A man walking past the University of Maryland Medical Center came across a startling scene and caught part of it on camera: The hospital's security guard wheeled a patient to a nearby bus stop and left her there. The part caught on video shows four security guards, one with an empty wheelchair, walking away from the bus stop. Despite freezing temperatures, the patient wore only a thin hospital grown, socks, and no shoes. Bystander Imamu Baraka had just possibly captured on video a case of hospital "patient dumping."
In its current use, the term "patient dumping" was coined in the 1980s in reference to the nationwide practice of emergency departments in private hospitals refusing to examine or treat patients who are unable to pay for their services. In other words, it referred to neglecting the poor, uninsured, and oftentimes homeless. The hospitals would then "dump" the patients by transferring them to public hospitals or putting them back out on the streets.
Public outrage over this method of discharging patients led to the enactment of the Emergency Medical Treatment and Labor Act, a federal law that requires anyone coming to an emergency department to be stabilized and treated, regardless of their insurance status or ability to pay. Hospitals and physicians caught violating the law can face a fine up to $50,000 per violation and are subject to lawsuits. As services provided under the act are considered charity care with no reimbursement from the government, the American College of Emergency Physicians advocates that health insurers should help shoulder the cost.
In the Baltimore video that went viral, Baraka is heard saying, "It's about 30 degrees out here right now. Are you OK, ma'am? Do you need me to call the police?" She seems disoriented and he tells her repeatedly to "Come on and sit down." Baraka converses with the guards, and neither they nor the patient mention why she was discharged. "I'm going to call and get you some help," Baraka tells her before calling 911. The medics who arrived ended up taking her back to the same hospital.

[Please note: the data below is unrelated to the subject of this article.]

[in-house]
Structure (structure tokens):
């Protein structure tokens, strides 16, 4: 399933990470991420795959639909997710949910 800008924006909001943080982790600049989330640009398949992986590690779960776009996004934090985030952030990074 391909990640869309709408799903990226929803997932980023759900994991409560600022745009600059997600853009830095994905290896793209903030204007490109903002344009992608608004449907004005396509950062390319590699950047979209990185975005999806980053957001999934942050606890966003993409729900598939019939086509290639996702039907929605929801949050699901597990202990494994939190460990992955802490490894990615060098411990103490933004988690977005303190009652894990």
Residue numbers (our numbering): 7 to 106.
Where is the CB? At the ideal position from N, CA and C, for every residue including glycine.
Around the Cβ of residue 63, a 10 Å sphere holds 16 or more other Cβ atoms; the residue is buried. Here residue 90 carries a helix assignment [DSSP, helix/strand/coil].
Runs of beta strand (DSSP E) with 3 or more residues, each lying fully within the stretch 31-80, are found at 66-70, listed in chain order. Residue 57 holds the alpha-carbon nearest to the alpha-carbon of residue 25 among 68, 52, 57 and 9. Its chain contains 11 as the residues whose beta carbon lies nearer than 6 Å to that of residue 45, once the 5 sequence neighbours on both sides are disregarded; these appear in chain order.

The University of Maryland Medical System released a statement in response to the video and patient dumping accusation:
This unfortunate event is not representative of our patient-centered mission. While there are many circumstances of this patient’s case that we cannot address publicly, in the end we clearly failed to fulfill our mission with this patient, no matter the circumstances of her case or the quality of the clinical care we provided in the hospital (which is not depicted in the video).
This isn't the first time a health care facility has been accused of patient dumping. In 2016, Los Angeles City Attorney Mike Feuer announced that Good Samaritan Hospital would have to pay $450,000 to settle allegations that hospital dumped a homeless patient on the streets. Good Samaritan agreed to abide by strict discharge protocols but admitted to no wrongdoing in the settlement. The man was treated for a foot injury in downtown Los Angeles and then released with nothing but a bus token, according to Feuer's office.
At the time of the settlement, Los Angeles had collected $2 million in fees, fines and other payments from four hospitals that violated patient dumping regulations. In 2017, Chicago also investigated about 1,000 cases of patient dumping, CBS Chicago reported. Celeste Emrick claimed a nursing home discharged her by having two men drive her to a Chicago homeless shelter in the middle of the night, leaving her there without medication.
After Baraka posted the video admonishing the Baltimore hospital, officials said in a public statement they will investigate the incident that happened at its Baltimore campus.
Correction: A headline on a previous version of this post mischaracterized how widespread "patient dumping" is. It has been updated to reflect the incident captured on video.